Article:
Vaccination Site Coming to West Seattle; West Seattle Bridge Funding; Highland Park Survey; Food Banks Proposals; Community Safety Investments; Testimony at State Legislature on Brady List, Youth Rights Bills; Hazard Pay for Grocery Workers; Seattle Hospitality Worker Emergency Relief Fund – Deadline Extended

Vaccination Site Coming to West Seattle

A couple weeks ago, I let you know that the Seattle Fire Department has begun COVID vaccinations starting with mobile teams that will vaccinate up to 1,000 residents and staff of adult family homes and some permanent supportive housing residences. I explained that the City has the infrastructure in place to quickly turn at least one of the existing COVID testing sites into a mass vaccination site – what we don’t have is access to the necessary vaccine supply.  I’ve heard from many of you wanting to know what’s in store for West Seattle, given the closure of the West Seattle Bridge and ongoing restrictions on lower level bridge access and significant congestion on detour routes off of the peninsula.

This week, I received confirmation from the Mayor’s Office that the City is planning to stand up a West Seattle vaccination site as part of its overall testing strategy. I’ll meet with the Mayor’s Office next week to learn more about their plans.  The timing is dependent upon when there is an adequate supply of vaccines; vaccines are in limited supply and the number and timing of doses that Seattle receives is determined by the state and federal government. I know there is a lot of interest in supporting West Seattle vaccination sites, and I will keep you updated about these plans as I learn more and continue to advocate for local vaccinations.

The City of Seattle launched a vaccine website and weekly vaccination newsletter this week: learn more and sign up here.

Where can I learn more about vaccination?

West Seattle Bridge Funding: Regional Funding Secured; State and Federal Options

On Thursday, the Puget Sound Regional Council (PSRC) Executive Board voted to approve $14.4 million in funding for the West Seattle Bridge project.

Thank you to PSRC Executive Board members Council President González, Councilmembers Lewis and Strauss and Mayor Durkan for their work at the Executive Committee. Thanks also to members from King County, Pierce and Snohomish Counties, for affirming the importance of the West Seattle Bridge as a critical regional asset.

Thanks to PSRC Transportation Policy Advisory Board members, Council President González, and Councilmembers Juarez and Pedersen for their work on the PSRC Transportation Policy Advisory Board for making the recommendation to move this funding to the Executive Board for final action.

The Council received updates on Monday about potential funding at the state and federal level.

At the state level, the House Democrats Transportation Revenue Package proposal includes $6.7 billion for state and local capital projects, with $1 billion reserved for the I-5 Crossing Bridge. Other projects are to be determined, which isn’t unusual at this point. The State Senate Transportation Chair’s proposal includes a placeholder for the West Seattle Bridge listed at $25 million.  I appreciate the state legislature’s transportation funding proposals. While proposals can evolve over time, it’s good to see funding proposed or potentially available for the bridge.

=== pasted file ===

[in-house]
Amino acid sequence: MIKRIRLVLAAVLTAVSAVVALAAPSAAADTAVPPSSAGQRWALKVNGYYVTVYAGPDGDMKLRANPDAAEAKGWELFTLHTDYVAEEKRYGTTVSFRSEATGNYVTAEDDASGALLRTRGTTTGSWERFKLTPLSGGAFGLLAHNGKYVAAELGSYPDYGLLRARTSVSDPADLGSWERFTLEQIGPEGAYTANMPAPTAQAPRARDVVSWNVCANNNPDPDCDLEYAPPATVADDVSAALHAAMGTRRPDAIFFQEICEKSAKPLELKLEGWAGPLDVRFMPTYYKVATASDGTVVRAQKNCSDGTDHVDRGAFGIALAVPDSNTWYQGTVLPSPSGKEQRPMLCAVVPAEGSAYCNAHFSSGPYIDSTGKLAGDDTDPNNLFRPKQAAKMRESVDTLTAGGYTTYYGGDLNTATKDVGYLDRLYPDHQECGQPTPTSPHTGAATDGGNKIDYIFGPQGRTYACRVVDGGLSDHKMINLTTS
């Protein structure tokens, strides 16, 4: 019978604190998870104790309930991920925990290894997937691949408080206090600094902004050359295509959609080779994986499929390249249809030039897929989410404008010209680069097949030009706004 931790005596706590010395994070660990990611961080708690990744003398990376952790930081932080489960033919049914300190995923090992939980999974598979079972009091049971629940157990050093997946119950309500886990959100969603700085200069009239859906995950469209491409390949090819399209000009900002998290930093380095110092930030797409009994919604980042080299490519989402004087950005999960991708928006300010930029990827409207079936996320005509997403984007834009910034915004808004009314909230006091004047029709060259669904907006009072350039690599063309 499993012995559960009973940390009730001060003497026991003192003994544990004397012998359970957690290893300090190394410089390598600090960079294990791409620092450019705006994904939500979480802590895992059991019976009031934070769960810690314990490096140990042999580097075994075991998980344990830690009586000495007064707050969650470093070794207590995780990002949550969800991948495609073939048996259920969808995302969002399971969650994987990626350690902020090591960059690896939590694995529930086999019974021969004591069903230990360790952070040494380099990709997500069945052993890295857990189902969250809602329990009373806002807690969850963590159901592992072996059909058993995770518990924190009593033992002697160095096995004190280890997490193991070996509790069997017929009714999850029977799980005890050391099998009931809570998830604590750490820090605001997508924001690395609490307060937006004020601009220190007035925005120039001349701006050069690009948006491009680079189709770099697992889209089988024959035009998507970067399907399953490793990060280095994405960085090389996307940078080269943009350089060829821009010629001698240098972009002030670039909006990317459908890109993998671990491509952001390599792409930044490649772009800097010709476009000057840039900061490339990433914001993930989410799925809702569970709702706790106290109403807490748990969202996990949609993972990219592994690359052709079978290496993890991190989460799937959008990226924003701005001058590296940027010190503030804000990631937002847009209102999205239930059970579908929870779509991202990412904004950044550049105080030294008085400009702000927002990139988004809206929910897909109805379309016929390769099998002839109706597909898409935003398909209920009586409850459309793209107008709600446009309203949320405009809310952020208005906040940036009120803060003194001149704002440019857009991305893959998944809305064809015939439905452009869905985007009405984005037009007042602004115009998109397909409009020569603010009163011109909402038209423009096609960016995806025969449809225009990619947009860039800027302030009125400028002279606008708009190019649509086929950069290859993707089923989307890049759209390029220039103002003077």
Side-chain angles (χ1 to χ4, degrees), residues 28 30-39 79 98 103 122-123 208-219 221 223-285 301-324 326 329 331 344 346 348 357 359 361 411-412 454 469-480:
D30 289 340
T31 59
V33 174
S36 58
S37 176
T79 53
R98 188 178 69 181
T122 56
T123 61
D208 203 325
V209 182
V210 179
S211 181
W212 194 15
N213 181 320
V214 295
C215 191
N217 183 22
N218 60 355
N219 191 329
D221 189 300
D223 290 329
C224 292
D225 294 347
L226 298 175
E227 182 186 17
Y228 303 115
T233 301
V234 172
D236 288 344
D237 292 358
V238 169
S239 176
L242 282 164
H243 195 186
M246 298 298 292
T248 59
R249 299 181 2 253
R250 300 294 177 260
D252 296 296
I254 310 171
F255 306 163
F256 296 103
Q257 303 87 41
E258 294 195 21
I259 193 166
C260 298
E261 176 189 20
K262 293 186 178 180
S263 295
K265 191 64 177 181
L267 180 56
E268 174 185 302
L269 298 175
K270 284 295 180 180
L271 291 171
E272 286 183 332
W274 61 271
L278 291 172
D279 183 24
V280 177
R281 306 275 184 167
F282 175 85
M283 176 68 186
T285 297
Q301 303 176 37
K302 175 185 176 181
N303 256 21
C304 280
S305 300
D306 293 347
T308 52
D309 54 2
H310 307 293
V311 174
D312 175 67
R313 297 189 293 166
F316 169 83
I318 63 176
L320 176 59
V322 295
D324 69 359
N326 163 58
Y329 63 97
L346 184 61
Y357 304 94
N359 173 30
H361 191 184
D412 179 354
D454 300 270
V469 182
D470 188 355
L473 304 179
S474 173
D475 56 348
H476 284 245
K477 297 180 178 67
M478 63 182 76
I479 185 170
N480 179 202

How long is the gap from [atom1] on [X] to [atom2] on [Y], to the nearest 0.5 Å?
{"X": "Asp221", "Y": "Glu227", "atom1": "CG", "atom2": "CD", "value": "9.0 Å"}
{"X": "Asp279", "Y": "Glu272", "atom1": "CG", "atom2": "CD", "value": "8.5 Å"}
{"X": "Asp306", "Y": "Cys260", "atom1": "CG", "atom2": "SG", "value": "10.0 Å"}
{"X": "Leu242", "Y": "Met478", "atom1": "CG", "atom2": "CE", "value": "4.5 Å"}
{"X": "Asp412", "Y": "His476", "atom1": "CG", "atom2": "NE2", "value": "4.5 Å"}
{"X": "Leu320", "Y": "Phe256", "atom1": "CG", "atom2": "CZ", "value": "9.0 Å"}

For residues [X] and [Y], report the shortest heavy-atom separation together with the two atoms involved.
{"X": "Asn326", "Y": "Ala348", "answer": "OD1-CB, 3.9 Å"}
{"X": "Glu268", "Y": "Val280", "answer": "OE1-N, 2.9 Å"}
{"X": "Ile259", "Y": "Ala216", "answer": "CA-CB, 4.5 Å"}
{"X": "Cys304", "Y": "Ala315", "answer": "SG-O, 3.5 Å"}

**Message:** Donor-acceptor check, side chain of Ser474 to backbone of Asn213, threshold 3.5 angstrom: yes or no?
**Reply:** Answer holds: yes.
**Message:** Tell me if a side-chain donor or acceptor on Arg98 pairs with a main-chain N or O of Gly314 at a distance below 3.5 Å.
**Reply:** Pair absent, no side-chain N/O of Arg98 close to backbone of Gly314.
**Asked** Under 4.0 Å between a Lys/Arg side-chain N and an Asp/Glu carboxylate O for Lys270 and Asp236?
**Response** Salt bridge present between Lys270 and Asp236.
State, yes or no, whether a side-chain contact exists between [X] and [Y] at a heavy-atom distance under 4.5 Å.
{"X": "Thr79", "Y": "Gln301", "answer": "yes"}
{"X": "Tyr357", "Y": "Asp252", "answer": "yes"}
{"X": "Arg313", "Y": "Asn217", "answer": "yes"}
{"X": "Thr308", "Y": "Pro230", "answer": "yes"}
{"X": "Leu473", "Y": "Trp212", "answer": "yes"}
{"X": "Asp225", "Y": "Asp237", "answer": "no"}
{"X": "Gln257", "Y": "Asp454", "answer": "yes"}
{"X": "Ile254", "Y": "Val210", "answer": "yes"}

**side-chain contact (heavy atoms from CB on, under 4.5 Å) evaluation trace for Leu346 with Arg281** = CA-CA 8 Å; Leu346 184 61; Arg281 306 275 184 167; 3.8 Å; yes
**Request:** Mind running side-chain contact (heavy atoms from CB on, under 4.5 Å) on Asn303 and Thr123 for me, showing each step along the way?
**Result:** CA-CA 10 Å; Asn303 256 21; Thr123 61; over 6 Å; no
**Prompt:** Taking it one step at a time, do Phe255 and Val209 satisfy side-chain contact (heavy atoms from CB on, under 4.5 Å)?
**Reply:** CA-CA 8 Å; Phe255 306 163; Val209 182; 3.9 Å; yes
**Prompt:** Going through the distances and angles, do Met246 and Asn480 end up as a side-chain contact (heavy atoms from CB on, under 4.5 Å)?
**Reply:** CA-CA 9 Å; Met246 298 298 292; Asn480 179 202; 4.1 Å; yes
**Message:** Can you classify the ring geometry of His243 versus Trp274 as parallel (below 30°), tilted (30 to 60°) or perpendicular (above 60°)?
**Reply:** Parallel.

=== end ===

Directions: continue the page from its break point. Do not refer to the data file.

At the federal level,  the City’s Federal Goals for 2021 include seeking federal funding for the bridge.

During the update on federal issues the Council heard on Monday, I asked about the potential for funding for the West Seattle Bridge. The City’s federal lobbyist noted the Biden administration plans to first act on a coronavirus relief package. After that, they will move to work on an infrastructure bill for which the bridge could be a good candidate.

SDOT posted a summary of the bridge stabilization work they completed in December, and the eight months of work. Here’s a visual that shows where the work has taken place:

Highland Park Home Zone Survey

As part of the Reconnect West Seattle program to address the impacts on neighborhoods from the closure of the West Seattle Bridge, SDOT initiated work on the Home Zone program in Highland Park, South Park, and Georgetown. A Home Zone involves the neighborhood working together to prioritize improvements that calm traffic and improve pedestrian mobility and neighborhood livability.

SDOT has released a survey on the Highland Park Home Zone, showing the current status of the proposal. The survey is open through February 15. Below are links to the survey in English, Spanish, Korean and Vietnamese.  To request the survey in other languages, contact SDOT at or 206-400-7511.

The survey links to locations where SDOT is proposing, for example, speed humps, curb bulbs, crosswalks, flashing beacons, all-way stops, signal upgrades’, and other improvements.

Next steps include reviewing survey results and presenting a final home zone plan to the community, and implementing priority projects during 2021, and working with neighbors on construction plans.

The survey includes maps of proposals in different areas in the neighborhood; here’s one example.

Participation in the Home Zone program is one of the ten prioritized projects in the Roxhill, Highland Park, Riverview and South Delridge neighborhoods as part of the Reconnect West Seattle program.

Request for Proposals: Food Banks Serving Delridge, Georgetown, and South Park

The Youth and Family Empowerment (YFE) Division of the Seattle Human Services Department (HSD) is seeking applications from agencies to provide food to low-income individuals and families in Delridge, Georgetown, and South Park.  Applications are due March 24th.   Find the full Request For Proposals and timeline here.

This RFP is in response to a February 2019 report produced by Public Health and partners on healthy food availability, funded by Sweetened Beverage Tax revenue, that found, “healthy food priority areas are clustered near the southern boundary around the Duwamish waterway (including Georgetown, South Park, Delridge, and High Point).”

Briefing on New Community Safety Investments

At the January 26th meeting of the Public Safety & Human Services committee, which I chair, we heard two presentations on investments in community safety and alternatives to the traditional criminal legal system.  Both investments were funded through Council action.